Meyer Lemon and Gin Slushees

Gin and juice is the quintessential summertime refresher, and this frozen variation made with Meyer lemons adds a whole new element of fun to an old favorite. It’s a little sweet, a little tart and a whole lot of cool — like an adult Slurpee! With its sunny yellow color and flecks of lemon zest, it even looks like summer. I served it in shot glasses at our recent neighborhood picnic, but it also makes a great palette cleanser between courses of a meal.

IMG_4344Meyer lemons are often distinguishable from regular lemons by their distinctive yellow-orange, shiny rind – almost like a mix between a lemon and an orange. The juice, while still tart, is slightly sweeter than a traditional lemon. They can be hard to find, so when I see them at my grocer, I always buy a bag or two. And since they don’t stay fresh forever, I go ahead and juice them right away and store the juice in airtight containers in the freezer. (I do the same with fresh key limes when I find them in season.) That way, when I need Meyer lemon juice (or key lime juice) for anything, I have it at my fingertips.

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This is one of my favorite Meyer lemon recipes, and it gets raves every time I make it. You can serve it straight out of the freezer as a sorbet or let it rest a bit and serve it as a slushee shooter. Even people who claim not to like gin, always love these because the subtle sweetness of the Meyer lemons shines through.

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Meyer Lemon & Gin Slushees

  • Servings: Approx. 1 quart
  • Difficulty: easy
  • Print

These adult slushees amp up summer's traditional favorite -- gin and juice -- with the subtle sweetness of Meyer lemons.

Ingredients

  • 1 cup sugar
  • 1/2 cup water
  • 3/4 cup Meyer lemon juice
  • 1 Tbl. Meyer lemon zest (or regular lemon zest)
  • Several sprigs of fresh mint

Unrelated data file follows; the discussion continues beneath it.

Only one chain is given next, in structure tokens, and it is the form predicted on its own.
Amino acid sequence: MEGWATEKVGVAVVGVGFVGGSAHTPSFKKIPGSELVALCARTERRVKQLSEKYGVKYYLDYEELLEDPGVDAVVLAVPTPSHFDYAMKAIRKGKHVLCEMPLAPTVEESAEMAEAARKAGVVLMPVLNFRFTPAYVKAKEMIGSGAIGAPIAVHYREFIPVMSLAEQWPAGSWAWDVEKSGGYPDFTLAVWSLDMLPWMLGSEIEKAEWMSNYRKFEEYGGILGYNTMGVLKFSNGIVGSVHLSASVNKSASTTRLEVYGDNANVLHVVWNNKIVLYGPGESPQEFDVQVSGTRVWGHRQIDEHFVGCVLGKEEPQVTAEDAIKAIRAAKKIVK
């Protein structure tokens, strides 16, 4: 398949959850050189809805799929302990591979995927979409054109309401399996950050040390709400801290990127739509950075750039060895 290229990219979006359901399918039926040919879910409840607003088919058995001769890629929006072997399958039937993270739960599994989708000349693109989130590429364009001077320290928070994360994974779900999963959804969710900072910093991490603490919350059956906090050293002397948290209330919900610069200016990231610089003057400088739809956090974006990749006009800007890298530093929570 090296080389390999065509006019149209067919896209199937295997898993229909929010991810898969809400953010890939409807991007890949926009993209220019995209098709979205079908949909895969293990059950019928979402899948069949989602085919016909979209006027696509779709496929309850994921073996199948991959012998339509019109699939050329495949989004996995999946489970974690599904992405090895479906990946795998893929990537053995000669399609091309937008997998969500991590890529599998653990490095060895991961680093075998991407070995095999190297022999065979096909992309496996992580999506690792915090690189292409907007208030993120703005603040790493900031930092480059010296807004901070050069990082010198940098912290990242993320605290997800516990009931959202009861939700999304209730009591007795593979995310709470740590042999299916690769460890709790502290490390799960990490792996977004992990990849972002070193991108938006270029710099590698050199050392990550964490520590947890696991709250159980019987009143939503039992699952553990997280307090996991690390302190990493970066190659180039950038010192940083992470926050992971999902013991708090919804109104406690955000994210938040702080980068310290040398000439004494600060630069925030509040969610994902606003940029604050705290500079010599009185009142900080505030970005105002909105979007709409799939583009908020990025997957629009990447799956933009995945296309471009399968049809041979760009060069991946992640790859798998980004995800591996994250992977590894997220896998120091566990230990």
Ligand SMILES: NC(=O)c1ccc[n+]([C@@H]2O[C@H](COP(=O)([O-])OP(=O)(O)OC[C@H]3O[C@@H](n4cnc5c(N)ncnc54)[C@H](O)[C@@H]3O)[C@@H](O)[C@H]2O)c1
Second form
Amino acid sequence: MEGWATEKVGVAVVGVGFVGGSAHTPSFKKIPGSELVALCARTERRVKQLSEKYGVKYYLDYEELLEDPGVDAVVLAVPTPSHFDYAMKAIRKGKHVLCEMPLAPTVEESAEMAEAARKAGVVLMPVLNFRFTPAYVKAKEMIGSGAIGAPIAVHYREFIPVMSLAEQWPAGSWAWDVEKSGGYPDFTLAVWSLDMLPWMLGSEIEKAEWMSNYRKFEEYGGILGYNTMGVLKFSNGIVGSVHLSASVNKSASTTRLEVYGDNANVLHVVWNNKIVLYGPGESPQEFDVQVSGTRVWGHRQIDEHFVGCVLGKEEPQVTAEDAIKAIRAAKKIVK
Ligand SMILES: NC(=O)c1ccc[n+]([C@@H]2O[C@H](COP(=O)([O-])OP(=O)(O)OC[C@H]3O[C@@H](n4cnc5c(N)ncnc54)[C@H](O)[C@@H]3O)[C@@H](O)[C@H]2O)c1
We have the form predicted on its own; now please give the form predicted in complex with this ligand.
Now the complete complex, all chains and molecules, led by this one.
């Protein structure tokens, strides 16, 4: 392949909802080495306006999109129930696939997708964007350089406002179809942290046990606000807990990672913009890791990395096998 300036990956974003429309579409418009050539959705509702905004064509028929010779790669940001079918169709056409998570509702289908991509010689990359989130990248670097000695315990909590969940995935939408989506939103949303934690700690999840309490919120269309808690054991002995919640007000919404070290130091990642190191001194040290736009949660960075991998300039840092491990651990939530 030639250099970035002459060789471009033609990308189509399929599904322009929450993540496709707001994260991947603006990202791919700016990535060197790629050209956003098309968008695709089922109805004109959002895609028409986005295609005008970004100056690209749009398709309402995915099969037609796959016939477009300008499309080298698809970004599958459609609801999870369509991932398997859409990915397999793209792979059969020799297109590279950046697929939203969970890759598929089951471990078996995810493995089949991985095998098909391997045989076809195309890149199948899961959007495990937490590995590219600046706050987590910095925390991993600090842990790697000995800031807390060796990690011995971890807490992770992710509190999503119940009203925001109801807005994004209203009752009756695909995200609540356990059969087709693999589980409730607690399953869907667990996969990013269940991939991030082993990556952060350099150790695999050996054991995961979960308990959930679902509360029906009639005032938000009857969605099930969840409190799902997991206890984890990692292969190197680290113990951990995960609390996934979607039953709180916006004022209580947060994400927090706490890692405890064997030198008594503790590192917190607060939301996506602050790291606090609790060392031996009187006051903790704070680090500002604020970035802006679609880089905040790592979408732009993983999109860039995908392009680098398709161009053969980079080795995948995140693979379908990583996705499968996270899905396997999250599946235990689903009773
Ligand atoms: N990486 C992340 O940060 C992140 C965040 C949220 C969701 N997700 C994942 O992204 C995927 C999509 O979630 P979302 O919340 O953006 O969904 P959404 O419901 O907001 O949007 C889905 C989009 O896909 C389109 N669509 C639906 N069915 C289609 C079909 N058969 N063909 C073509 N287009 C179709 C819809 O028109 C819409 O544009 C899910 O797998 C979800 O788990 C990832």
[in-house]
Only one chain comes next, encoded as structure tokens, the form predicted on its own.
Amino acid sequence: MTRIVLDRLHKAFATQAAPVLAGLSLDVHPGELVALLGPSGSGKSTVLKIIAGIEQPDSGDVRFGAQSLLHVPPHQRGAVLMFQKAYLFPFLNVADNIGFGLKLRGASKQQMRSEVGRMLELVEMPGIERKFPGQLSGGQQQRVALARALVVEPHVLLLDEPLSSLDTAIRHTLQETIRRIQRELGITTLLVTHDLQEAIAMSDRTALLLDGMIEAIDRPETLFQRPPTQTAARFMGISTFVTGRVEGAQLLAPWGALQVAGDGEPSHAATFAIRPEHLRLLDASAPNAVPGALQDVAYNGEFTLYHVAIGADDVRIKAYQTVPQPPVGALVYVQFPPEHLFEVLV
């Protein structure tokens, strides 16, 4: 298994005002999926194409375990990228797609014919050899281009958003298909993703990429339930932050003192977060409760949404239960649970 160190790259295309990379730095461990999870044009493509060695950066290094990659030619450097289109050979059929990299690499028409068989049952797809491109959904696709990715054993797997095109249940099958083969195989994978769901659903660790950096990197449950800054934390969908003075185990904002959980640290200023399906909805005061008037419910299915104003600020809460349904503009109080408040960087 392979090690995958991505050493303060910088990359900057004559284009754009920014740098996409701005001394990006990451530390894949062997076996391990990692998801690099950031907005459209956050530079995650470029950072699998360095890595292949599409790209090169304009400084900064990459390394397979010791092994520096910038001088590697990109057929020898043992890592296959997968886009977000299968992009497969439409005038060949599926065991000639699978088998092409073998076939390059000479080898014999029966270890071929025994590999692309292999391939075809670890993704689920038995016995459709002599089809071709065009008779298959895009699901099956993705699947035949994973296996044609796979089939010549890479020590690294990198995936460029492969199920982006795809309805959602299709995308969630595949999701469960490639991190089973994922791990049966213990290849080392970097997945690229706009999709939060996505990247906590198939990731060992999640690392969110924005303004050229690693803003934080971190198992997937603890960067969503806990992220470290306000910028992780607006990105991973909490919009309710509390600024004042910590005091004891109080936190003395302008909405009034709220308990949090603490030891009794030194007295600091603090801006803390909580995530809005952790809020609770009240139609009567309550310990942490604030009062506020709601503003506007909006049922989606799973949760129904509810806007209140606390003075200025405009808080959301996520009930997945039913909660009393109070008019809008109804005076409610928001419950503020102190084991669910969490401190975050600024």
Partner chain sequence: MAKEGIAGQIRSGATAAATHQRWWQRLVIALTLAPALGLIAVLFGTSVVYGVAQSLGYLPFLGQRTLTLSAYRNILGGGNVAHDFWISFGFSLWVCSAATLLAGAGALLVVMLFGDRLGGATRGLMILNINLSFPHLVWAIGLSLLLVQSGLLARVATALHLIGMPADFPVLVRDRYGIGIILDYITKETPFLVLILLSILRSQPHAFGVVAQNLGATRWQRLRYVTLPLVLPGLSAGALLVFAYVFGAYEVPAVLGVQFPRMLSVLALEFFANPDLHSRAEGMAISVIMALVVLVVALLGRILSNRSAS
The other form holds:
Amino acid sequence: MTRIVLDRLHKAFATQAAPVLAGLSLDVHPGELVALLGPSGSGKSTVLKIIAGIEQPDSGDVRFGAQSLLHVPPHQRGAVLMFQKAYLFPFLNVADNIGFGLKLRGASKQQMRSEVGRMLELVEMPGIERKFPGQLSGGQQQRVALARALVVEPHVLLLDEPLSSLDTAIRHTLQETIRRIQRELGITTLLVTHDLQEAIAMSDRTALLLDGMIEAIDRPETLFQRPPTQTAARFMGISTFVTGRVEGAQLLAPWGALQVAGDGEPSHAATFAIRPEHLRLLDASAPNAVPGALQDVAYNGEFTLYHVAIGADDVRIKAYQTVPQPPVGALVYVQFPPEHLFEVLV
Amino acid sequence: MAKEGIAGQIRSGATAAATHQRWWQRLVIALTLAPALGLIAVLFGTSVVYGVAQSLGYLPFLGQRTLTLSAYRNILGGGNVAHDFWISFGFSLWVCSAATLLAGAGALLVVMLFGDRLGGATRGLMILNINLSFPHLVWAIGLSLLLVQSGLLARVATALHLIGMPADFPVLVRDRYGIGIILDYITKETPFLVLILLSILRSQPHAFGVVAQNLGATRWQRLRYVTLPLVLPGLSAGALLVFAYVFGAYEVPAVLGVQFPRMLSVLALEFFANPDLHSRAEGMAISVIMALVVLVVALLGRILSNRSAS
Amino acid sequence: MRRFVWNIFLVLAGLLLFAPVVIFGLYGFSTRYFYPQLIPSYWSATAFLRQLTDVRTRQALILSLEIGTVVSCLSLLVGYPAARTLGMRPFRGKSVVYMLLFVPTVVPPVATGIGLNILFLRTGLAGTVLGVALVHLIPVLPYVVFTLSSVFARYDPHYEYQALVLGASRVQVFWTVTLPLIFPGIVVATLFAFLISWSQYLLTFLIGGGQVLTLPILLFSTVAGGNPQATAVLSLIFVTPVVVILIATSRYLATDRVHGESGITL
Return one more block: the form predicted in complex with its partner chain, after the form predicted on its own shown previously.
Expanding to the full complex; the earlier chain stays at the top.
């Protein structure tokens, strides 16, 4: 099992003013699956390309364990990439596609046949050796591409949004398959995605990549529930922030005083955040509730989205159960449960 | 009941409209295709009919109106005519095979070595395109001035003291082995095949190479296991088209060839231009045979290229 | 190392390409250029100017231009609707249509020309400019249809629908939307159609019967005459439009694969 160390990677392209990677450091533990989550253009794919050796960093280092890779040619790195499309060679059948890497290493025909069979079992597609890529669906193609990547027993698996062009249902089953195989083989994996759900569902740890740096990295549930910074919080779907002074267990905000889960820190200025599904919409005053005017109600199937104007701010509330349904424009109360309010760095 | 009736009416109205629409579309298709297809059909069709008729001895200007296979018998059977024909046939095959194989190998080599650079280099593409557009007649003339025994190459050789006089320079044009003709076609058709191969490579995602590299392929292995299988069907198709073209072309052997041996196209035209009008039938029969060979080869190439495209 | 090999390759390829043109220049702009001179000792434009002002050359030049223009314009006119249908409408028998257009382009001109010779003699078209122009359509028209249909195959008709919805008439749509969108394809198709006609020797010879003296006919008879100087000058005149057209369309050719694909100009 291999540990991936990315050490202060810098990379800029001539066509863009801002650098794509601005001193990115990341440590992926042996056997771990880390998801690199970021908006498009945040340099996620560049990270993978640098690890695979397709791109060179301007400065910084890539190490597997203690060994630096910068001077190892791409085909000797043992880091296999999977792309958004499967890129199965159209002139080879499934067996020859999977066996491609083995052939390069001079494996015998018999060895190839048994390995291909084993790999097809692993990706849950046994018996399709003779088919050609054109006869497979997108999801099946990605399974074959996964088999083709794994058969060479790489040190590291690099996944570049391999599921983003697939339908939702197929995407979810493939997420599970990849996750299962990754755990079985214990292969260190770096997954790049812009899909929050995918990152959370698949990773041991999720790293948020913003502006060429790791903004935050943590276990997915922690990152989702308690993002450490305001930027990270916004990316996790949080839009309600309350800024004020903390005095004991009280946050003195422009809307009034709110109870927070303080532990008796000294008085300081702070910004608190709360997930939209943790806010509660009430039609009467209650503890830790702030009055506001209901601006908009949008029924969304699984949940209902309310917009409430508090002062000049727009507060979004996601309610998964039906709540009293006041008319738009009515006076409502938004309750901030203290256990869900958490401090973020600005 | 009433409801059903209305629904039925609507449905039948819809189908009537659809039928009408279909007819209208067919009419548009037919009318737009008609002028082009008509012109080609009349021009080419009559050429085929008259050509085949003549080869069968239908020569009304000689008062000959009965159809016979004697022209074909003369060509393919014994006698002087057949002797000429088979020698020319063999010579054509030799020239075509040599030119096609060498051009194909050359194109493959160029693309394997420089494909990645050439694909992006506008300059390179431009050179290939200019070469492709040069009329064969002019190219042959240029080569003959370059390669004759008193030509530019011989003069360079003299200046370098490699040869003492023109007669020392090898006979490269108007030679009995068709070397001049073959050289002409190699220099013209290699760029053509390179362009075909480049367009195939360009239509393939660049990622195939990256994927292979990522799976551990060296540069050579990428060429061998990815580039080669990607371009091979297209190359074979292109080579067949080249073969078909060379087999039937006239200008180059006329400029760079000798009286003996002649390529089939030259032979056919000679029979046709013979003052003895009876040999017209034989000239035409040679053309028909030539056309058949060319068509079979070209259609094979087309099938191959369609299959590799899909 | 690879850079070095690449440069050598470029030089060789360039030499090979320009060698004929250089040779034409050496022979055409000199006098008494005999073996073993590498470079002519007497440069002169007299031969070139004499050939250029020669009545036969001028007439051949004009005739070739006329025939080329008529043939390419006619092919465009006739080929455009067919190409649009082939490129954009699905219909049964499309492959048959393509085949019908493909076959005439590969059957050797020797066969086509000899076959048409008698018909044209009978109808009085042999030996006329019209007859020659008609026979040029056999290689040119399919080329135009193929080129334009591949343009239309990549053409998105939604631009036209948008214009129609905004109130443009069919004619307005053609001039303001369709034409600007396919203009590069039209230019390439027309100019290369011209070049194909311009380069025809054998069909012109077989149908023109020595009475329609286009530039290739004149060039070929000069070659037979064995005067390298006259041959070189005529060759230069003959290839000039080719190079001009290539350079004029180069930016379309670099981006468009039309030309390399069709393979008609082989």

• 1/8 tsp. orange flower water* (optional)
  • 1.5 oz. gin

This recipe is best when run through an ice cream maker, but can be made with relative success without one.

Directions

First start by making your simple syrup. Heat the sugar and water in a pot over medium heat, stirring until the sugar is completely dissolved and the liquid is clear, about 3-4 minutes. (Note: do not boil the simple syrup, as it will begin to caramelize which changes the taste and the color. If that happens, just start over.)

Remove the simple syrup from the heat source and add the mint sprigs and lemon zest to steep. (If using fresh Meyer lemons, definitely use the Meyer lemon zest, as it possesses a delicious distinctive flavor. If using frozen Meyer lemon juice, you can substitute zest from a traditional lemon.) Do not remove the mint leaves from their stalks, as they will be easier to extract later. Cover the pot and let cool.

Once the simple syrup is room temperature, remove the mint sprigs and discard. Pour the infused simple syrup into a medium bowl or container and add the lemon juice, orange flower water (if using) and gin. It might be tempting to add more gin, but remember that the freezing point of alcohol is much, much lower that that of water, and the typical home freezer does not get cold enough to freeze alcohol, so the more gin you add the less frozen your concoction will be.

Cover and refrigerate several hours or overnight. Once the mixture is cold, pour it into your ice cream maker and run until thick and slushy. Scrape into an airtight container and place in the freezer. Stir the frozen concoction every few hours, until completely frozen, to make sure the ingredients don’t separate. (If you don’t have an ice cream maker, you can simply place the mixture in a container in your freezer, whisking regularly to blend, until it is frozen through. It will have a slightly different consistency than if it is run through an ice cream maker, but it will still taste good!)

Serve in shot glasses with or without spoons.

*Orange flower water, used to flavor many traditional Middle Eastern and Moroccan desserts, can be found in most grocery or specialty food stores next to the liquid extracts.

This delicious recipe brought to you by 2peasinapod.online.

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